On 1 March 2017, Alumnus Ms Clara Chow came down to the Graduate Honours Room to give a seminar titled “How I Became a Liar.” Besides sharing her journey towards becoming a fictional writer, Clara conducted some writing exercises to get those in attendance attempt some creative writing. We also took the opportunity to invite her to share with us her thoughts on writing and her own experiences.
Could you share how the experience has been from writing as a university student to journalism and then to fictional writing?
As a student, writing was all about literary analysis and academic assignments. I was terrible at time management – always waiting until the absolute last moment, and then staying up overnight to finish my essays. It was as though inspiration would only strike me at the last moment, like freak heat lightning attracted to a very dry, gnarled tree on an otherwise barren hill.
When I became a rookie reporter circa 2000, I was told to write short sentences and stop using abstract, pretentious terms. It was terrible. It took me a long time to stop trying to use multiple embedded clauses in my sentences, and to banish the word “postmodern” from my theatre reviews. I became much, much better at meeting deadlines, though.
Then, when I started writing fiction full-time in 2014, I was free to go back to writing like a university student and imitating Virginia Woolf again, but found that I’d forgotten how. I’m not entirely sad about that.
What led you to cross over from journalism to fictional writing?
In 2014, I travelled to the Iceland Writers Retreat, and sat in classes listening to authors such as Susan Orlean and Geraldine Brooks talk about the writing life, and met many participants from all over the world, at different stages in their artistic lives. When I came back, I realised that writing my own crazy, made-up stuff was what I really wanted to do. It was sort of a now-or-never moment: I was 37, my two children were no longer babies, the spouse was very supportive, and I felt like I’d put my dreams on hold long enough. So – after a few months of trying to write after work, typing softly in dark rooms while putting my kids to bed – I decided to quit my part-time gig as a copyeditor and just focus on writing fiction full-time. Losing a stable income was terrifying. Getting up every morning and sitting in front of a blank word document in my pajamas, with no brief or deadline to meet, was also terrifying. I had to train myself to be patient and wait for things to slowly develop – both creatively, and in the publishing industry – as opposed to the fast pace of the newsroom. But, because I made that switch, I’ve learnt so many new things and met so many more wonderful people.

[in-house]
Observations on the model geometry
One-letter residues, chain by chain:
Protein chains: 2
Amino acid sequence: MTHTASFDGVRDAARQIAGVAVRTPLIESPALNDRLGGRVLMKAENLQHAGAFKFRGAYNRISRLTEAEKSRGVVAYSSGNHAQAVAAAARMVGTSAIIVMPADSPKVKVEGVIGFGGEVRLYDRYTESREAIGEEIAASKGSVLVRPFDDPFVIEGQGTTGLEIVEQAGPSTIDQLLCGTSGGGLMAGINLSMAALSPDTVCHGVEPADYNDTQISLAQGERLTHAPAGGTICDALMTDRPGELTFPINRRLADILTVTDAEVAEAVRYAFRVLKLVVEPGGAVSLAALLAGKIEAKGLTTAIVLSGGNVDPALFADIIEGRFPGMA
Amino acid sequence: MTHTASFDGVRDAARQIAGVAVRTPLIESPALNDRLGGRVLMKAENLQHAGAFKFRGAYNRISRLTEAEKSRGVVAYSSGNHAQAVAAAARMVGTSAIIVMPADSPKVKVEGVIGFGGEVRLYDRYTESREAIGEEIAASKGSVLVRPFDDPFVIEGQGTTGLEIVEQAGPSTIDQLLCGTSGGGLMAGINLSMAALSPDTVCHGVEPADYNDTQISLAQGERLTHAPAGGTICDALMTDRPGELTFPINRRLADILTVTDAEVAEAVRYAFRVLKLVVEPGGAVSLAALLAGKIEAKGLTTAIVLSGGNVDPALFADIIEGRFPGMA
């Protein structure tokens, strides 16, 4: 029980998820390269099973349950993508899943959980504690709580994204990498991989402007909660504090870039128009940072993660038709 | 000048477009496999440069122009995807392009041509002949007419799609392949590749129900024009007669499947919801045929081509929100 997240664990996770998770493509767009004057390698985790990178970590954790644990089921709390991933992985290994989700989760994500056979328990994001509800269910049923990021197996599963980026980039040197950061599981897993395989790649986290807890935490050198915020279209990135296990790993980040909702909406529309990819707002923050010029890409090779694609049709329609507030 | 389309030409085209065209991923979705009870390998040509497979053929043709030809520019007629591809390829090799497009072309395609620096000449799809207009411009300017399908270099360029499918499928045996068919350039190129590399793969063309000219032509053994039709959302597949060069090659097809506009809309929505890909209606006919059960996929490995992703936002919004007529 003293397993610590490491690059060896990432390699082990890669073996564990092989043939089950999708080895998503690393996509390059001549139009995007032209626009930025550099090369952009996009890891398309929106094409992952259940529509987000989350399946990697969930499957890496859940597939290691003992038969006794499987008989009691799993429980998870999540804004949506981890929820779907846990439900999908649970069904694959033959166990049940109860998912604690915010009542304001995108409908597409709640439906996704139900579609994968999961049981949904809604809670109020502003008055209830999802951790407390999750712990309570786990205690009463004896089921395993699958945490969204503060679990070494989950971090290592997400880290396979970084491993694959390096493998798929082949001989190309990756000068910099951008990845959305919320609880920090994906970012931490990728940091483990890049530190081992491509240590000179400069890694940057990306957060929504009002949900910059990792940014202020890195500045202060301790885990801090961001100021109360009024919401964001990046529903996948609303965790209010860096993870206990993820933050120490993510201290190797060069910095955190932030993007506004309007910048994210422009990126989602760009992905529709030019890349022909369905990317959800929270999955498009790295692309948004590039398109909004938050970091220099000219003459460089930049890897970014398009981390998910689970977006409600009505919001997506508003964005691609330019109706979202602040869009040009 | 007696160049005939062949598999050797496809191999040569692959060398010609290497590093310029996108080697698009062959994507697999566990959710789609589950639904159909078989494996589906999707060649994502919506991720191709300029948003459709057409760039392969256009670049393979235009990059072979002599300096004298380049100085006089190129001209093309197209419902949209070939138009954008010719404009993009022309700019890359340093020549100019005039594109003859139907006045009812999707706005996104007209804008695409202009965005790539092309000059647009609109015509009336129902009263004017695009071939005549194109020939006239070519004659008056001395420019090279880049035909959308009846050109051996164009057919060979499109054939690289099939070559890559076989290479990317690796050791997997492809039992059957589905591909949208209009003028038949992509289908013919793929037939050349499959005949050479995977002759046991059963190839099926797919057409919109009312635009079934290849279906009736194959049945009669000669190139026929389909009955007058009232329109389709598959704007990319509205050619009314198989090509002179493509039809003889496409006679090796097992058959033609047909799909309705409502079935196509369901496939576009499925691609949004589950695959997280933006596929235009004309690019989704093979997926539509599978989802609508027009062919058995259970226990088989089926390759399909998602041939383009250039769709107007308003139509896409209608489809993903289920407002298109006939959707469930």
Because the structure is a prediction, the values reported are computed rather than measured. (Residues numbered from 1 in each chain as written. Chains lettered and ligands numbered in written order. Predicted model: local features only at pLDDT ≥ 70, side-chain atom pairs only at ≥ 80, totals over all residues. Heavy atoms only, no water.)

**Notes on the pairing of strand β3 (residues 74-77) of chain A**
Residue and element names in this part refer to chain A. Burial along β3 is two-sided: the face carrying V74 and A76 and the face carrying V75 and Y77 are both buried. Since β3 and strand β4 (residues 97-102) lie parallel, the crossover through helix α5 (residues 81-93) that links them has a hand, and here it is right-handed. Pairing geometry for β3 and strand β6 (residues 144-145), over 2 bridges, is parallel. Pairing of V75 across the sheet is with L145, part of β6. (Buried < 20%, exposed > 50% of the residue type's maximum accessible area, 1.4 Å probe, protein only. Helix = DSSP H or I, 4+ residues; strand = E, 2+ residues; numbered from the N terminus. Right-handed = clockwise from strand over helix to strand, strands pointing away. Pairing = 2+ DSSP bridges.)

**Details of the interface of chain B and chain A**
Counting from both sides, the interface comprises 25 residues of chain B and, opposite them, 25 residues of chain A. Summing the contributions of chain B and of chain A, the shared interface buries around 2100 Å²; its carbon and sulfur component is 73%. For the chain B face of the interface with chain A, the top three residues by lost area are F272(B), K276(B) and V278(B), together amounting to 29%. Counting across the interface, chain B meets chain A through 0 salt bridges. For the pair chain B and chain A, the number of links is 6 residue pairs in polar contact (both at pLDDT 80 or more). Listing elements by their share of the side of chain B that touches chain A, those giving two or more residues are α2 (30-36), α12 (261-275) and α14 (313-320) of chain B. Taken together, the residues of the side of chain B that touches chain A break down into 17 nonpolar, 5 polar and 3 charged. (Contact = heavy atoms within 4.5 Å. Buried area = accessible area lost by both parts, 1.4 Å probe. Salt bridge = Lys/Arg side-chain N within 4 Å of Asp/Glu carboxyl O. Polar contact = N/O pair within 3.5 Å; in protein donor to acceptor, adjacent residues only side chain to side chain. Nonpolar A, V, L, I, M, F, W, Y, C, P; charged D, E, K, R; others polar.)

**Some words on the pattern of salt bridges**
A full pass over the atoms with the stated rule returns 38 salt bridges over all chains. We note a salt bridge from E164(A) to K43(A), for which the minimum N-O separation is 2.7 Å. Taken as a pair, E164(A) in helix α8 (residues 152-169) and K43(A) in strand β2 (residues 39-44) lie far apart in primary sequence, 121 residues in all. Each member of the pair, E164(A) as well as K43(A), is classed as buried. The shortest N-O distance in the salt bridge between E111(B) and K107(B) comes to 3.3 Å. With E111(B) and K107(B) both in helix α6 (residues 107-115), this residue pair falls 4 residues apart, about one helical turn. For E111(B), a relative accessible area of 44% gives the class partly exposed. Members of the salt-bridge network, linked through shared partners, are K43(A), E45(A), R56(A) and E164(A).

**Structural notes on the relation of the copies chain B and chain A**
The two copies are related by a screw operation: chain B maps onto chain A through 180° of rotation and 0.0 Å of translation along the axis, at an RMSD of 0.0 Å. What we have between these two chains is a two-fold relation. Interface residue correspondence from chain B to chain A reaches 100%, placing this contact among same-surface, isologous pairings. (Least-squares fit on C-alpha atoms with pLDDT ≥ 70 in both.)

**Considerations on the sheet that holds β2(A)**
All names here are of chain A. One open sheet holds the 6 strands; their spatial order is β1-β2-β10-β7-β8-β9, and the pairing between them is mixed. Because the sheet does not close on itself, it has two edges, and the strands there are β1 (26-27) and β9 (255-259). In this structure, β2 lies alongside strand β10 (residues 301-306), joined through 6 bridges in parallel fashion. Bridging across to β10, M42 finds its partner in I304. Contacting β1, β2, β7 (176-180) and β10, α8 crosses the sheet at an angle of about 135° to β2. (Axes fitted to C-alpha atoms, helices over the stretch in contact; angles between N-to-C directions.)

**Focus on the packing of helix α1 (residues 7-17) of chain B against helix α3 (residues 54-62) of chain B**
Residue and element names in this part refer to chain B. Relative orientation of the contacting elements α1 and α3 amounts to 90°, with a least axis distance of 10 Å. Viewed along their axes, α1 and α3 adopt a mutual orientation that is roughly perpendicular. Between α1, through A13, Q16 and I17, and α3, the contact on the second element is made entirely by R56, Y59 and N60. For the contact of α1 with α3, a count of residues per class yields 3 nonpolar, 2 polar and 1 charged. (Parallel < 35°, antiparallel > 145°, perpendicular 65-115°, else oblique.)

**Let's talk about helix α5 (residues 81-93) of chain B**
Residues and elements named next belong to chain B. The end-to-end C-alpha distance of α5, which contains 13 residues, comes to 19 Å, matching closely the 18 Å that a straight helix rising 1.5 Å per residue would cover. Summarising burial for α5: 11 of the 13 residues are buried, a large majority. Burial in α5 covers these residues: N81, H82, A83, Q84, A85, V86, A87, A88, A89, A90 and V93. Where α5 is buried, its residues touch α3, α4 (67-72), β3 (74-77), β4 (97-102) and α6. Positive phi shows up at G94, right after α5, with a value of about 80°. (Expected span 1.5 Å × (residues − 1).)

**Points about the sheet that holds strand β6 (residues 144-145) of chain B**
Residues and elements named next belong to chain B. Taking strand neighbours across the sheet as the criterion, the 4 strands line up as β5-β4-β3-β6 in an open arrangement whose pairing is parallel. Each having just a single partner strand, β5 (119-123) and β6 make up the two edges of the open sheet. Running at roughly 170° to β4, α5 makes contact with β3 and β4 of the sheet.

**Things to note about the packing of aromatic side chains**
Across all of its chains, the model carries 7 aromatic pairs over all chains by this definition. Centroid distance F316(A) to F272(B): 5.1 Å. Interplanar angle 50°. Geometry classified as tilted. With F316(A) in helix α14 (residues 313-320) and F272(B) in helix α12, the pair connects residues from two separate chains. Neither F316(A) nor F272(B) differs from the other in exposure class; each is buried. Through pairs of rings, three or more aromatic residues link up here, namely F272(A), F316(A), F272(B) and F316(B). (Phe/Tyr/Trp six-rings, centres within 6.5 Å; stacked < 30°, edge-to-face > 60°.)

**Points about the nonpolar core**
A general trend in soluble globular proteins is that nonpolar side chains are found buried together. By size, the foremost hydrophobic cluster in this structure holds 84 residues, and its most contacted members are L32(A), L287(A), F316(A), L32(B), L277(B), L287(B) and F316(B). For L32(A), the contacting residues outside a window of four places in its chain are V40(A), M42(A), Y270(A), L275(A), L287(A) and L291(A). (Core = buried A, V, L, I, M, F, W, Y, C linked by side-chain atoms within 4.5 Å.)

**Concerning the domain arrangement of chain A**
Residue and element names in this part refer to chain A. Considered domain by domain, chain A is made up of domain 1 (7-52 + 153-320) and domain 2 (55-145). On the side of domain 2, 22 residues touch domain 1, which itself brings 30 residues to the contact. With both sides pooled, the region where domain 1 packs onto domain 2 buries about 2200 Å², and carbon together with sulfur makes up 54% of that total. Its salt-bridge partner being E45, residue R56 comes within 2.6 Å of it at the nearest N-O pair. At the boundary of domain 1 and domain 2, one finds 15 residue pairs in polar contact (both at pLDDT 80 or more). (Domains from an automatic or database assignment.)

What was it like to be a writer-in-residence with South Korea’s Toji Cultural Centre?
It was paradise. At Toji – which means “land” in Korean – writers are provided with communal meals, and building maintenance is taken care of by the super and lovely staff, so all I had to do was write and think. No school runs, ironing, car servicing, or the million mundane things that I have to deal with when I’m at home, being mum to two boys. When I got stuck, I went for long walks and climbed mountains with the Korean writers in residence. My productivity went way up: I completed new drafts every two or three days. One week, when the other residents went away to celebrate some public holiday or other, I stayed in my room five days in a row and wrote a 16,000-word novella. I haven’t been able to get back to that level of efficiency since I came back.
What led you and your team to come up with the online literary journal WeAreAWebsite.com?
My primary schoolmates, Christine Lee and Yen Yen Wu, were having dinner at my house, and I got this idea that running an art and literary website would be a fun thing to do, with very little monetary outlay. The cost was that of time and energy, and at that time – in 2015 – I had plenty of both, while plugging on to establish a foothold in fiction. It must have been the wine they’d already drunk, because my friends agreed to do this with me. We roped in a fourth, Eva Aldea, who lives in London but was based in Singapore for a while, to co-edit the venture. We’d meet and argue about the submissions for hours, while depleting Christine’s cache of champagne, and then I’d take what we accepted and put them up on our website. Couple of years on, we’re putting together our sixth issue. The idea is to give a platform to new art and writing that we like. Our contributors are awesome people.
How did it feel coming back to NUS again after your graduating years? Any thoughts on the architectural changes you see on campus?
I did my Masters in Literary Studies at NUS part-time, from 2010 to 2013, and it just felt so familiar coming back to campus. The canteen may have been renovated, but the topography is still the same. Certainly, AS5 is very much the same. I love walking down the corridors and looking at all the pictures and notices pinned on the tutors’ office doors. It’s always comforting to come back, because university was the last place where I felt I knew what I was doing.
What was your favourite spot in NUS (to study in or relax)?
I spent an inordinate amount of time in the Central Library, hogging RBR books and copying out passages from tomes. I was a kiasu nerd. I even had a supermarket trolley that I used to cart home the books I checked out (graduate student loan privileges rock!). I’ve considered taking out a personal external membership to the library, because I love it so much.
Thank you Clara for taking the time to come down and speak to us!
Clara’s book Dream Storeys is available in local bookstores and online!
(Contributed by undergraduate Rachel Loh)
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